Chantel: It is really exciting to see how you develop them. But I do want to talk about something else. We see the high-level goals. But I know, as a leader, it's really important to coach the people underneath of you. That's why, when Chantel was talking about this specific actionable and measurable, why you have to have them set out how they're gonna get to that goal, because it's easy to say, "Did you hit your five ... did you lose a pound this week?" Right. That's usually the goal. Then they say no, then you have nowhere to go when you're saying ... like, when I'm sitting down with an agent, for instance, and I would say their goal was to ratify two contracts this week. I'd say that's a great goal. How are you going to do that? Let's talk about, what are you gonna do everyday to hit that goal?

Chantel: Then when I meet with them next week and say, "Hey did you get your two ratified this week?" They're gonna say no and I'm gonna say, "Let's look at, did you do your action steps?" That's where, typically, you'll find their habits and their patterns. That's how you correct them and help coach them, to be able to hit that goal. Otherwise, you're swimming ... you know, there's nowhere to go.

Brian Dell'Olio: I think that's what most people trip up on in the goal-setting process, the action step part. It's easy to sit here and say, "I want to get two ratifieds per week. Or I'm gonna save for that vacation." But it's the action step part of that, that's most difficult.

Wally Schmader: Those specifics are what turn a wish into a goal.

Chantel: Yes.

Wally Schmader: People sit around and wish all the time. Wishes aren't attached to any kind of activity or any kind of specificity, like Chantel had talked about. You had mentioned your charitable goal. I think that's a good category, the charitable goal for your family or [inaudible 00:13:15]. A lot of times, you're not going to have that conversation in your family unless it comes up as a goal. We had one a few years ago in our family, when the kids were younger, where we used to call Bingo at the Ballentine Senior Living Center in Norfolk for four years. Every Wednesday night we went and called bingo. My kids were really little, but they learned all these great things. They weren't around a lot of old people, so that helped any senior citizens. They learned public speaking in front of a very demanding audiences. These ladies are serious about their bingo. You gotta get it right.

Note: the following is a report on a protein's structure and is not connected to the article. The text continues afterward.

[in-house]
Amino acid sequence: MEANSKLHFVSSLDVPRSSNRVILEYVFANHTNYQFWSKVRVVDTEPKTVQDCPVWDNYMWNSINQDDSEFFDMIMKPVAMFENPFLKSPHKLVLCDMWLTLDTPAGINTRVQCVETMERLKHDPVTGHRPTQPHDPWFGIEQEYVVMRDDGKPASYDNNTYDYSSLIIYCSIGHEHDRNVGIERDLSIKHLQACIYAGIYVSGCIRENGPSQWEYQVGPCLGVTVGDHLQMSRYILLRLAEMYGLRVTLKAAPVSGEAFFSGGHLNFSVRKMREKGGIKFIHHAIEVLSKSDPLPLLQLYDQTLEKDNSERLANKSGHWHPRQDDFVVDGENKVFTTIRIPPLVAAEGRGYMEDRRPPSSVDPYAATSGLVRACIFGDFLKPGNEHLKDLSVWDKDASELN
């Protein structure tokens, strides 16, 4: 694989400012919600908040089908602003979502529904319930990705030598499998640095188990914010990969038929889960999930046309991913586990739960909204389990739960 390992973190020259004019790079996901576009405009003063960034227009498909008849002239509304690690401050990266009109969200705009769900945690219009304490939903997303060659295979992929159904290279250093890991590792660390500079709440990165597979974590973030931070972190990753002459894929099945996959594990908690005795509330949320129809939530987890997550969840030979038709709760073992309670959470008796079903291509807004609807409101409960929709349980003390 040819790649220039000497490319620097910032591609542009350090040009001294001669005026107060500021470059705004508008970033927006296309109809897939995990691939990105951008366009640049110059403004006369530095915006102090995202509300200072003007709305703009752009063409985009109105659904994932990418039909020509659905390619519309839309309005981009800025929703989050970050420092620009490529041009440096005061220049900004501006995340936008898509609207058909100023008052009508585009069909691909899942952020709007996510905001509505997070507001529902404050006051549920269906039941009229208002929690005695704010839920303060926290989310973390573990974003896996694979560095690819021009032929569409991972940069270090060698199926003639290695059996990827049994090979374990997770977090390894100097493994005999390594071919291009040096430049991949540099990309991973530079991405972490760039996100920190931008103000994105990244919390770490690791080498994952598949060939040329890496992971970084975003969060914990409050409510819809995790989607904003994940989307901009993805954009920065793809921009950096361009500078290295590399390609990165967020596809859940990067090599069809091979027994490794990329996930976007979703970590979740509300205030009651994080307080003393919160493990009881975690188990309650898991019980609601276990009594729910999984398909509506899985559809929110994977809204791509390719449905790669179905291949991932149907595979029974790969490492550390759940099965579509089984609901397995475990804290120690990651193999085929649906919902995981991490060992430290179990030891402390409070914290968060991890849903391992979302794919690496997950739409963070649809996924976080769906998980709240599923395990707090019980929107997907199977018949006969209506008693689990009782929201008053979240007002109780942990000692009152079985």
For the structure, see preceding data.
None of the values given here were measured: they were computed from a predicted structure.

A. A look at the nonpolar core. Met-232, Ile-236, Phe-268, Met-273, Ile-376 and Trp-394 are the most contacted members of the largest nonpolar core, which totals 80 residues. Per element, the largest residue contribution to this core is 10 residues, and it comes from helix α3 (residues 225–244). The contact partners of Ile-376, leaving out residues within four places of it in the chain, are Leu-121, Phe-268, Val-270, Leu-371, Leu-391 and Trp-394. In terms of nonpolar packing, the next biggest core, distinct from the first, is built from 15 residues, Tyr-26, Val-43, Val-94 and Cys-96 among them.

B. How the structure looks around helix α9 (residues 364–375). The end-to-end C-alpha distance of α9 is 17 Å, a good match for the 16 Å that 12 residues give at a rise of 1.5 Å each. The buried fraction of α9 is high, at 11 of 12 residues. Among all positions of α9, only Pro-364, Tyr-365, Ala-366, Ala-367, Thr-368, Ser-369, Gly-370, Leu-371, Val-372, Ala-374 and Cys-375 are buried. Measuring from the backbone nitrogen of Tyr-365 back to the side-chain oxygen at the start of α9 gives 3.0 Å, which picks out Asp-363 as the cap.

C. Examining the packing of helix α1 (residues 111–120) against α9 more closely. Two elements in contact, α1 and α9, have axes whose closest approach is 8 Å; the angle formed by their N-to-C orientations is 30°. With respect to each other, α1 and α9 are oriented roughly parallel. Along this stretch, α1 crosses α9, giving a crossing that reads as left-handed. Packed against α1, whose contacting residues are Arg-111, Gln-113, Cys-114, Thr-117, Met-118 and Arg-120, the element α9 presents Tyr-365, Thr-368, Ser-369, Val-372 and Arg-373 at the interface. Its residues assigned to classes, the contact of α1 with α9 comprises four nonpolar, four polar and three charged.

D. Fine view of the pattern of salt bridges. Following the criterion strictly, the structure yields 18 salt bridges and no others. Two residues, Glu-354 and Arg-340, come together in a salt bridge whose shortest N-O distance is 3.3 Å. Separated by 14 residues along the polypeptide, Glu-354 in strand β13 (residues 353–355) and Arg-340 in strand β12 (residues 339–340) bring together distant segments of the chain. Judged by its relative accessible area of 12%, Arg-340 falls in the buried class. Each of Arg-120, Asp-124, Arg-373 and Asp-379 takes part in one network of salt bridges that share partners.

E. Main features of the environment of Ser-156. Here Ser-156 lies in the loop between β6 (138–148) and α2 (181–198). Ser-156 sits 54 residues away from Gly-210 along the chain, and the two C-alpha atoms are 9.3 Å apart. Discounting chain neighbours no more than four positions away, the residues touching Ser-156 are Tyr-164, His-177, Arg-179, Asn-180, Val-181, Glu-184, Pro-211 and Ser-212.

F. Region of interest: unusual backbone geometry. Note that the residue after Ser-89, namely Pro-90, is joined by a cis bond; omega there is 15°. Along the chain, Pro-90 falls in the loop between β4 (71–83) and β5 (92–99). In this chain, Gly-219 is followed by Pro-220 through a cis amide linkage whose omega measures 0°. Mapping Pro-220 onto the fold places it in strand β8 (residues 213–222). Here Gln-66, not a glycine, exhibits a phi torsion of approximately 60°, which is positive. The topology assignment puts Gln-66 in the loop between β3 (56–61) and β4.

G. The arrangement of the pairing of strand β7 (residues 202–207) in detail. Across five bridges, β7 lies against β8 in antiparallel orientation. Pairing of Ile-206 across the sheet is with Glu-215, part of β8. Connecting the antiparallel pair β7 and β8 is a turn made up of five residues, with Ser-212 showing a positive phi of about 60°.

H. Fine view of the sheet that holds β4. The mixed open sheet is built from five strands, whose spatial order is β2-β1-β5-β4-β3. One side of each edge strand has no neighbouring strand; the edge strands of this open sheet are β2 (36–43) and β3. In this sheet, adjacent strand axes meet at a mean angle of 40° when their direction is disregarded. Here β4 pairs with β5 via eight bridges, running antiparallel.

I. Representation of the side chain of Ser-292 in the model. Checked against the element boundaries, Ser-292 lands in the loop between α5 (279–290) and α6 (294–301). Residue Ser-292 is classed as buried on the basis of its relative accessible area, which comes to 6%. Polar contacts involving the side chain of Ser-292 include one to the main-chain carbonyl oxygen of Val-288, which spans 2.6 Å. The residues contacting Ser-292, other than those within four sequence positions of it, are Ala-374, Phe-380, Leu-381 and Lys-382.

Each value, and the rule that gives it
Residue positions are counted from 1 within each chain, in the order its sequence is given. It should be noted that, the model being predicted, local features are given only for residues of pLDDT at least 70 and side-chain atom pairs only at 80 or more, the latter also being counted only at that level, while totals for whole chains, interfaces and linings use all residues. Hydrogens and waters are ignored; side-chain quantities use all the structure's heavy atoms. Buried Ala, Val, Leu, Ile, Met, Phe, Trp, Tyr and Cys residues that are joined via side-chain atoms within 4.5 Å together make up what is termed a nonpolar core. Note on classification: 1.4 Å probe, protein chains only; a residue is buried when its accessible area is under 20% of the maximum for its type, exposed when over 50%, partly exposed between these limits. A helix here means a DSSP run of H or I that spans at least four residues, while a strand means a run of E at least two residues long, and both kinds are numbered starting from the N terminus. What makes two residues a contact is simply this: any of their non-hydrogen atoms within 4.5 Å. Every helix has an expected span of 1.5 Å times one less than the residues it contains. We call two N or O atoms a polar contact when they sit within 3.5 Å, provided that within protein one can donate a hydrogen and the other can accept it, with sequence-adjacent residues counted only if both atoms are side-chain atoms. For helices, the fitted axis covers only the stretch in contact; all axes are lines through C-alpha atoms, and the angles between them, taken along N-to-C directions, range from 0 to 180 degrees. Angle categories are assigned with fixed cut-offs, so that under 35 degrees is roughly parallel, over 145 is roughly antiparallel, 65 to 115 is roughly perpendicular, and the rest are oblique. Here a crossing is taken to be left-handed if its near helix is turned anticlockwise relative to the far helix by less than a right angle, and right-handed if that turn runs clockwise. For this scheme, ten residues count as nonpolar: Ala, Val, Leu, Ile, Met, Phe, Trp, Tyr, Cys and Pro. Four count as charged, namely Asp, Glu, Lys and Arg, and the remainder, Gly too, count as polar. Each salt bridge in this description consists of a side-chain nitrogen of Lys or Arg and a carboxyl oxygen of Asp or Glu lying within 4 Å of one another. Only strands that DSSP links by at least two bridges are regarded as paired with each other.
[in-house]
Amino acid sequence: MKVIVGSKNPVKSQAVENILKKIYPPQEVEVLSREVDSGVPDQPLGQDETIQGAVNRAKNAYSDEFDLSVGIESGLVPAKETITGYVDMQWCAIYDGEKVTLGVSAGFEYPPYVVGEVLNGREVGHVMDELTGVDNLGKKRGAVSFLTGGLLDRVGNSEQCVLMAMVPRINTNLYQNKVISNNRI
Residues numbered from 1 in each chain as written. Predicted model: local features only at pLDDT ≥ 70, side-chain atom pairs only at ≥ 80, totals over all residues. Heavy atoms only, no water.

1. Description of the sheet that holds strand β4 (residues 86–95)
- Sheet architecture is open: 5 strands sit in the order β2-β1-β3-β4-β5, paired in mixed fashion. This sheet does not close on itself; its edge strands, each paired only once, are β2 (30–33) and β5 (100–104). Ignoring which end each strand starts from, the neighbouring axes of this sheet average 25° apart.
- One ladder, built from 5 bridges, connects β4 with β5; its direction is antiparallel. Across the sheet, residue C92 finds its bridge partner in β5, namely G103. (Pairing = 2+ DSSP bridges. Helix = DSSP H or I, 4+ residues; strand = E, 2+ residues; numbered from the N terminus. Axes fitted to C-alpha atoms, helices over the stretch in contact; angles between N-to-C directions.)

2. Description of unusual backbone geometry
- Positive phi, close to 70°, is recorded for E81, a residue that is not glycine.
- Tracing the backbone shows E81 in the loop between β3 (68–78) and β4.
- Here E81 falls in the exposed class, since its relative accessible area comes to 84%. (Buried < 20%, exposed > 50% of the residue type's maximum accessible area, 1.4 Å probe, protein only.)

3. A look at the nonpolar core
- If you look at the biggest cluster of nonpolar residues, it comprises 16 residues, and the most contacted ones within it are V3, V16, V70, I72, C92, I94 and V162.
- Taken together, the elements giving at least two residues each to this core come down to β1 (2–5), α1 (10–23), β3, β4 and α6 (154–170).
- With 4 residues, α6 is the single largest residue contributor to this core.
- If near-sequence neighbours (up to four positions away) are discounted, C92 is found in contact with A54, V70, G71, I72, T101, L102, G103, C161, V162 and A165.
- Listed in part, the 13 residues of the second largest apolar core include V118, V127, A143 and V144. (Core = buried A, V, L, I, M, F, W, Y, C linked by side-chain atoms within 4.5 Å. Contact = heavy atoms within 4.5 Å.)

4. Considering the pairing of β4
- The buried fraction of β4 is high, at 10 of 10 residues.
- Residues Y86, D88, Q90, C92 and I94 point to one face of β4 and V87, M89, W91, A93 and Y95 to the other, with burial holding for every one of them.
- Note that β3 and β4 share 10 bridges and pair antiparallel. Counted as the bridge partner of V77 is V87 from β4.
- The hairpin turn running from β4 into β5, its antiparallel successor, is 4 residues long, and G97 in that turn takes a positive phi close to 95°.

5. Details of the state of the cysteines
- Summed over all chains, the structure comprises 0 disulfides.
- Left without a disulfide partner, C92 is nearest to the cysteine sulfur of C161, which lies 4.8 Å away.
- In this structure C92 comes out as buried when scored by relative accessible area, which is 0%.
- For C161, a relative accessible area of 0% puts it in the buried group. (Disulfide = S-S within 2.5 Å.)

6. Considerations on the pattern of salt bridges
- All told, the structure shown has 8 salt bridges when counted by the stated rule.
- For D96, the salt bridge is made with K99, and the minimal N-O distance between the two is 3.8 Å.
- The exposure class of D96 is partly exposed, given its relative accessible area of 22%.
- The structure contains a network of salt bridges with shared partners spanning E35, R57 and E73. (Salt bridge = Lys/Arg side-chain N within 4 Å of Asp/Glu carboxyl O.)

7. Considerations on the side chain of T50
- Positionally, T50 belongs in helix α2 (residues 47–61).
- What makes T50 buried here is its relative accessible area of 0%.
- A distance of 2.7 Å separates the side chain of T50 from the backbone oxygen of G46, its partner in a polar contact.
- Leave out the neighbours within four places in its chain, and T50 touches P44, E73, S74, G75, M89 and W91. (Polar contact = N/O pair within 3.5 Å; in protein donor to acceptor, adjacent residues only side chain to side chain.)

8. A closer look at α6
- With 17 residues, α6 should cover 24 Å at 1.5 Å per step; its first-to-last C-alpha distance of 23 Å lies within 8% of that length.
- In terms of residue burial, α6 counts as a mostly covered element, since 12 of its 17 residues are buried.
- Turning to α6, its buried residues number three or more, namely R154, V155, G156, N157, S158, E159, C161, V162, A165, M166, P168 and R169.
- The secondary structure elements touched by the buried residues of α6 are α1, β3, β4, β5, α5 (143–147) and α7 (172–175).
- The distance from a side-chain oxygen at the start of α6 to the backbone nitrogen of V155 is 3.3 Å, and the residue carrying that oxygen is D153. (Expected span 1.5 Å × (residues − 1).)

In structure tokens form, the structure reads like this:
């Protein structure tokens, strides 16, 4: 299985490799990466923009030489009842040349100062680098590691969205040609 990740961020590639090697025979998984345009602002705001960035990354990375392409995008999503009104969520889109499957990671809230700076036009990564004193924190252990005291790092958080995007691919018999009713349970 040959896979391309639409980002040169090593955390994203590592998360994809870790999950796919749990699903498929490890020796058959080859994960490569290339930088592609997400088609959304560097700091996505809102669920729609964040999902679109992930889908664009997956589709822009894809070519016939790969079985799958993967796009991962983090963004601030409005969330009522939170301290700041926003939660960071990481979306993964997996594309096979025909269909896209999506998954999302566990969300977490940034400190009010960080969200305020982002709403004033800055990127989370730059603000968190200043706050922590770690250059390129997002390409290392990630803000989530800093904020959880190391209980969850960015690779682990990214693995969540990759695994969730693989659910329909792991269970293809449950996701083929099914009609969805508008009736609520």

Wally Schmader: They have this great memory now of getting in there and contributing their time to something important.

Chantel: I have seven categories, and we have a template that you can download in this show notes. It has these seven categories. I really like these categories because it makes you ... when you just say to some like, "Make your goals," it's really hard to think of them. So if you have a template, one is health, two is financial, three is spiritual, four is leadership, five is family, six is household, and seven is career.

Chantel: I'm gonna share my son's goals of these, of what he had come up with. I said come up with one for all of these. And so for him, for health, he said, "I want to go to the gym two days a week, or play tennis one time a week." That is a very specific measurable goal for health. For financial, he said he wants to make one lemonade stand in the months of June, July, and August. And he wants to save $5 dollars a week from his allowance, and give ten percent of his allowance to God, and learn how to increase.

Chantel: His spiritual goal is to listen to a Steven [Ferick 00:14:53] podcast two times a week. His leadership goal is to listen to a Crag [Grochelle 00:14:57] leadership podcast once a week. His family goal is to not be on the phone more than one and a half hours per day on the phone, so he can spend more time with the family. His household goal is to go to the grocery store with me once a week, so he has more input on the grocery list. And his career goal is, he wants to be a professional football player. He wants to practice playing football at least 30 minutes every single day.

Wally Schmader: So think about how sophisticated that is. This kid has seven categories of goals with specific and measurable goals in each category, and all of us adults could take a lesson from that. Chantel's right. Having prompts by categories will help you come up with more goals. If you just say, "Here's a blank sheet of paper, write down your goals, Brian."